The University of Texas has laid claim to the title of the world's fastest academic supercomputer, launched officially today after months of fanfare.

The Frontera supercomputer, part of the university's Texas Advanced Computing Center (TACC), was the fifth most powerful computer in the world, according to computer power rankers at Top500.

At the front

Frontera TACC
– Sebastian Moss

It arrived in Top500's rankings with a theoretical peak performance of 38.75 petaflops (quadrillion floating point operations per second), running over nearly 500,000 common Intel Xeon Platinum 8280 processors.

"Frontera is unique among the top systems in the world in its use of Intel Xeon processors to provide its primary computing power," said Intel in a written statement today.

"Intel x86 architecture is the most widely used standard in computing, and requires fewer changes to scientific software codes to run," it said.

The computer would run 448,448 processor cores in 8,008 dual-socket nodes, with 56 cores per node. It came in world rankings behind the Chinese National University of Defense Technology's Tianhe-2A (milky-way 2). The TH2 was built from Intel Xeon E5-2692v2 processors, with nearly 5 million cores, and theoretical peak performance of more than 100 petaflops. Behind Frontera in the rankings was the Swiss National Supercomputing Centre, with about 27 petaflops on 387,872 cores.

Frontera was built from Dell EMC PowerEdge servers, with Mellanox InfiniBand interconnects, DataDirect Networks storage and three different liquid cooling systems. The University built subsystems from Nvidia GPUs and IBM Power 9 processors it said would test alternative ways to build supercomputers.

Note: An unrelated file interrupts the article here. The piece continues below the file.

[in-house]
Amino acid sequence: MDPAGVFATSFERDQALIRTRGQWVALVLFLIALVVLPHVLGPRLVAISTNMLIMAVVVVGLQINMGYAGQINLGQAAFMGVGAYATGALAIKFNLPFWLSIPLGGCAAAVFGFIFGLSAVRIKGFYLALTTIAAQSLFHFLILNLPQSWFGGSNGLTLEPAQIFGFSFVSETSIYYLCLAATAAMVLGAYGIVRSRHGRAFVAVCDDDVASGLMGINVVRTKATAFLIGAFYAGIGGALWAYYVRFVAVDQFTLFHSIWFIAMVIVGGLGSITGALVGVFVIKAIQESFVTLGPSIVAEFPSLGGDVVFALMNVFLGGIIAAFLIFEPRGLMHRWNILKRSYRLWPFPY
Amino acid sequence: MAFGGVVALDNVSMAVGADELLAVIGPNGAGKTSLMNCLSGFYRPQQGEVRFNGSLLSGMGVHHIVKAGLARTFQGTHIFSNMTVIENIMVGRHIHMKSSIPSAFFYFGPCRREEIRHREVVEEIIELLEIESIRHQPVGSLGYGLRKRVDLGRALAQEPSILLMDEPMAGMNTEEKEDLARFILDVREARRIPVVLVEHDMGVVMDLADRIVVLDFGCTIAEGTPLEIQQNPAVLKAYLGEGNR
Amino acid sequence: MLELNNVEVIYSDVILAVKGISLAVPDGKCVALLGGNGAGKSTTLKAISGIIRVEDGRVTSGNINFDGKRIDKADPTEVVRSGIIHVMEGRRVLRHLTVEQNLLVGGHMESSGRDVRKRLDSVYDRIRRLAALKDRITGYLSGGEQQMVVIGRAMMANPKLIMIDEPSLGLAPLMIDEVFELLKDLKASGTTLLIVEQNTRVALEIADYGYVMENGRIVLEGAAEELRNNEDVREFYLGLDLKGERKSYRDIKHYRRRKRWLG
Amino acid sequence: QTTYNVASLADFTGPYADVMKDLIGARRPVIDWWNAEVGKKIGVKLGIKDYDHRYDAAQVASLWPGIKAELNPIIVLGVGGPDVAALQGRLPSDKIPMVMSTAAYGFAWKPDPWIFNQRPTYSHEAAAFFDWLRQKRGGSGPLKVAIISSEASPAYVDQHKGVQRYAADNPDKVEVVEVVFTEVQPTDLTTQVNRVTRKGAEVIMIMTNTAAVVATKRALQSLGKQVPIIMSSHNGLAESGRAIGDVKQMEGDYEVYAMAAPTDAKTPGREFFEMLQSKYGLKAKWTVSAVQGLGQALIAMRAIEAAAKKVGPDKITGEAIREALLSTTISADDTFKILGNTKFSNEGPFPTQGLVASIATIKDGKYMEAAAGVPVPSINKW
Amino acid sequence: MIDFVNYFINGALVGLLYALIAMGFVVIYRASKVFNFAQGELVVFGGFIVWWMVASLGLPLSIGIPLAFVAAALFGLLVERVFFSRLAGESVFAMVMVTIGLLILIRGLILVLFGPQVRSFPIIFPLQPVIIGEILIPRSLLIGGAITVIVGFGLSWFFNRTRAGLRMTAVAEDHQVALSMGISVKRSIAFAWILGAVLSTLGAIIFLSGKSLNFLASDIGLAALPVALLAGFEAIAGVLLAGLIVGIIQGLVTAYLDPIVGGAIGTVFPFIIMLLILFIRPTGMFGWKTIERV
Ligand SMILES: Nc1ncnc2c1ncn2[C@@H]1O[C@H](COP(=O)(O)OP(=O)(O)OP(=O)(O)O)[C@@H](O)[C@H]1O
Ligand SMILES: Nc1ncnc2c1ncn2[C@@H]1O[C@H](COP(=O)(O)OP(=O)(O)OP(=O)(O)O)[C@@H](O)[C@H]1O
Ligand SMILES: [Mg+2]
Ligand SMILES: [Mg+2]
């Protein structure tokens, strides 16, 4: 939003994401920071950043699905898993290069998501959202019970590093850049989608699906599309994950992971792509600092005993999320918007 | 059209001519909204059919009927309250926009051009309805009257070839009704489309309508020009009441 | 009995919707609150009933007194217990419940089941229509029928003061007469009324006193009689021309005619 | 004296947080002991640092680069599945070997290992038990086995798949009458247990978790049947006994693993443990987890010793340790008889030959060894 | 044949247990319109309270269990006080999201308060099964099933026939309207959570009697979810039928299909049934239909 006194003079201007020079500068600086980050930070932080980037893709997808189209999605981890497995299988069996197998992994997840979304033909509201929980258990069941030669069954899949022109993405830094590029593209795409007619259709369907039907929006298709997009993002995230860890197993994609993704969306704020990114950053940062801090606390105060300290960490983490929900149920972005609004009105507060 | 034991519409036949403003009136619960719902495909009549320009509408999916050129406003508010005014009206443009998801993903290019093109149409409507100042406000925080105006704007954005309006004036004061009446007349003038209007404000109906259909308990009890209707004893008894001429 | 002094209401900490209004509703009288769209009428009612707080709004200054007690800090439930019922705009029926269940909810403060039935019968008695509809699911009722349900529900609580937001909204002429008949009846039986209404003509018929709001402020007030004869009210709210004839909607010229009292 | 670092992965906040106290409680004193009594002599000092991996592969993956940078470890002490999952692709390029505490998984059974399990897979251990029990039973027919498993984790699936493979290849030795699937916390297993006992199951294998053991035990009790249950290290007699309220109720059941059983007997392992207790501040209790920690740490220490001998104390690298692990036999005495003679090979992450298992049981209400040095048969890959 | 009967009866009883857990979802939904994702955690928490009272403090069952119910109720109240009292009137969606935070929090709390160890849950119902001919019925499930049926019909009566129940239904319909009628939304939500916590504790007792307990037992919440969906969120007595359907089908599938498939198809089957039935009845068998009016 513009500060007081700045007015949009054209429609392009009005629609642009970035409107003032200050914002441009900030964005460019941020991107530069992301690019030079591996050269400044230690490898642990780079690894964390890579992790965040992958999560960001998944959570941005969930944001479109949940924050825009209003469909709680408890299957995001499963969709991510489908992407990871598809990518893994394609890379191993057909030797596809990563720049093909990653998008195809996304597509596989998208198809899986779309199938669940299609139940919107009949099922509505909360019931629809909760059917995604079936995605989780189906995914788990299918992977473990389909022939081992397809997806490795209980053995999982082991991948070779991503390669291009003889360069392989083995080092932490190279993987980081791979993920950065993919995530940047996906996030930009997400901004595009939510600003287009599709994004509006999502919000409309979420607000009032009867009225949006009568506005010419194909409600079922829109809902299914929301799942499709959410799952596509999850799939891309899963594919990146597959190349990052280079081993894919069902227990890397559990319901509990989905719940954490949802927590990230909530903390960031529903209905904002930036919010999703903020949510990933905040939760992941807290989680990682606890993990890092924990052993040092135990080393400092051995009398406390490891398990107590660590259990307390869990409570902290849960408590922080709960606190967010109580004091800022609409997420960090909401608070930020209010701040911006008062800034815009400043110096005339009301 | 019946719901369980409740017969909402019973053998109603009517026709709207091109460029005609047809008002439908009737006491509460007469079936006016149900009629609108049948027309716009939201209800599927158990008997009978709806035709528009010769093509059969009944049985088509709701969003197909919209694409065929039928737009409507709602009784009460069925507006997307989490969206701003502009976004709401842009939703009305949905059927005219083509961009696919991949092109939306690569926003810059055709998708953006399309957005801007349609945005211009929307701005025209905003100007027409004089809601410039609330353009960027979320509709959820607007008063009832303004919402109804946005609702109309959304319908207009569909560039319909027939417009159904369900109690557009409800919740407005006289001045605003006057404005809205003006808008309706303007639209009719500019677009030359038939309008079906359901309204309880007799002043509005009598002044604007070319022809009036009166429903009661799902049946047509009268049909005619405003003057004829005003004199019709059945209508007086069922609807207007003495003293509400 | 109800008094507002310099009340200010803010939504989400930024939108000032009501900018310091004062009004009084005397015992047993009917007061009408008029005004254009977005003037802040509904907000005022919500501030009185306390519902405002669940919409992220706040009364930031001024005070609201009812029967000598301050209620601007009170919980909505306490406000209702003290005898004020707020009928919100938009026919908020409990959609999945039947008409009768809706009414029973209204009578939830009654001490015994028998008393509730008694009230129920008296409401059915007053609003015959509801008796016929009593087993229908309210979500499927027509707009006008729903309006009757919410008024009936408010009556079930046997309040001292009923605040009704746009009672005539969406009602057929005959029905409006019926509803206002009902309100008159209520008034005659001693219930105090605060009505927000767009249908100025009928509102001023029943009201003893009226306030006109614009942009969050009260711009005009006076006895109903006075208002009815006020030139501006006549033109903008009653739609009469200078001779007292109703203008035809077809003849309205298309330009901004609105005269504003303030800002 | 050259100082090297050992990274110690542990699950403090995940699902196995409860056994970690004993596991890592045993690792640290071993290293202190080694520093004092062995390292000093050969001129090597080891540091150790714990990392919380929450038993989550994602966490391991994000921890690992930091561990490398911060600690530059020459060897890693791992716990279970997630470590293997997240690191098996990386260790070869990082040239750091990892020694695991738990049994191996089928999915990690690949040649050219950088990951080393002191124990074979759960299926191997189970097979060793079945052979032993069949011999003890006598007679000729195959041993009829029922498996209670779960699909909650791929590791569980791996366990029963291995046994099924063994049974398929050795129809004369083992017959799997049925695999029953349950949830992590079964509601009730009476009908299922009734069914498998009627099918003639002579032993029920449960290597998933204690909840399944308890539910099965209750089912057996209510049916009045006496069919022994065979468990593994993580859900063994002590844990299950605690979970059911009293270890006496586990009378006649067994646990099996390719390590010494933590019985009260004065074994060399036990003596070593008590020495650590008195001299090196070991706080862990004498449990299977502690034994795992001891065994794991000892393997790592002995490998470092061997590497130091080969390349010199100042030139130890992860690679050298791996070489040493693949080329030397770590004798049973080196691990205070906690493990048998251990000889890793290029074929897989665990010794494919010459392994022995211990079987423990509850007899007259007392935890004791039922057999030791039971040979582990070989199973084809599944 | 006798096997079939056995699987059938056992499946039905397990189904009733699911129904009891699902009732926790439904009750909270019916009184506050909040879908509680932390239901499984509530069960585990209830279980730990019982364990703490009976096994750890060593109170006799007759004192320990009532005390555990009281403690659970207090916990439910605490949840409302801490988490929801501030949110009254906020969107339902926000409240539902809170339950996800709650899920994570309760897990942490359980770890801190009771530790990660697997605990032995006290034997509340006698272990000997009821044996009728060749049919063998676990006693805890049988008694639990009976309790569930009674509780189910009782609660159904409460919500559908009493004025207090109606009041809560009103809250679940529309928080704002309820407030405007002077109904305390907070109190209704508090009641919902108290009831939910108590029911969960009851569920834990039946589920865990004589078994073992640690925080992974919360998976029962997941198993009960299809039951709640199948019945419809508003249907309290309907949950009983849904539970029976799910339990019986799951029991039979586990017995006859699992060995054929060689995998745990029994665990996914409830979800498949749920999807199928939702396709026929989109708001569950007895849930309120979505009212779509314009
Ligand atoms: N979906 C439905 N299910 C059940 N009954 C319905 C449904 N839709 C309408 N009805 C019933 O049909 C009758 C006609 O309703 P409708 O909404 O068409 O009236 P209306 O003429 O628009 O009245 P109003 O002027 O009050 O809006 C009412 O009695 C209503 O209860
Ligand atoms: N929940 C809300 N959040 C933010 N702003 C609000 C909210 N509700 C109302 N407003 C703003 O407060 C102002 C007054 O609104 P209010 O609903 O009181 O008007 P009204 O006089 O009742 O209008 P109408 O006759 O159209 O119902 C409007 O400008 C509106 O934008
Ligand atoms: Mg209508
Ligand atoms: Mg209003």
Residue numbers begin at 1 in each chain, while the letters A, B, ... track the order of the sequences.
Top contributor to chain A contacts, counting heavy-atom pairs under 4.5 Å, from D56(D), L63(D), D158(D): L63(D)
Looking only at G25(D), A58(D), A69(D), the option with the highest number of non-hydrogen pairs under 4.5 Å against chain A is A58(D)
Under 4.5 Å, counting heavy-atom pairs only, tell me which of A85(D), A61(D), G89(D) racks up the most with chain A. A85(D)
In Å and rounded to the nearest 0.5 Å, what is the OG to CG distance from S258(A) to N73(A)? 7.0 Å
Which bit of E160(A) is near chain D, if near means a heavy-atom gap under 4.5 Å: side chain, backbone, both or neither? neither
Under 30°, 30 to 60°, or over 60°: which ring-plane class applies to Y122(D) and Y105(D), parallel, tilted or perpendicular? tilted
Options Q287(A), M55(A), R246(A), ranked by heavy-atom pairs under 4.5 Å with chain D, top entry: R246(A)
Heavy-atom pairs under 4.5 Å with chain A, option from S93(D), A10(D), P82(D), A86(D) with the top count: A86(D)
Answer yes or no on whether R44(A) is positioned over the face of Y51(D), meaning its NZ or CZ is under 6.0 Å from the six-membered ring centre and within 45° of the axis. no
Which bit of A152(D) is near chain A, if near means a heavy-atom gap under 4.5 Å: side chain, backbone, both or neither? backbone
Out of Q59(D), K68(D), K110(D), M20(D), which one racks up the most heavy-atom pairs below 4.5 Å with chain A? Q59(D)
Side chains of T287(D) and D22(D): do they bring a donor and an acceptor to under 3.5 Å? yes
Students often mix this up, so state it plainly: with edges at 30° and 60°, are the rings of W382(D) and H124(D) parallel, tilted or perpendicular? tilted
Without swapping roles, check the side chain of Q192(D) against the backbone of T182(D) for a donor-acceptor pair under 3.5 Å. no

It intended to double the computer's power in five years when a second tranche of money had been promised by its backer, the US government's National Science Foundation. The agency put up $60m.

The Texas Computer Center said the system would be used by scientists in universities across the country, for things such as modeling the universe and the environment.

University professors from around the country said it would be used to develop drugs and materials to generate solar power, and simulate clashes between neutron stars. It would do data analysis for CERN, nuclear fusion research, and precision agriculture studies, according to an Intel case study.

The supercomputer would be integrated with cloud services from Amazon, Google and Microsoft, said the University.

"We need systems like Frontera to answer the big questions of our time, such as the sustainability of the environment and renewable energy," Robert Gardner, a research professor in the Enrico Fermi Institute at the University of Chicago, said when plans for Frontera were published last year.

"We have to continue to work on frontier science and everything that comes after it, and we can't do that without computation," he said.

Scientists used earlier other supercomputers at the Texas Computer Center to confirm gravitational wave detections and to detect tumors. Those systems included Stampede2, an 18 petaflop machine featuring both Intel Xeon Phi and Skylake nodes, and previously deemed the fastest university supercomputer.

"Frontera will address a narrower mission than Stampede2," TACC executive director Dr Dan Stanzione said in a press statement.

"Instead of supporting thousands of projects, we'll have a few hundred that have an extraordinary computational need and massive scale of computation."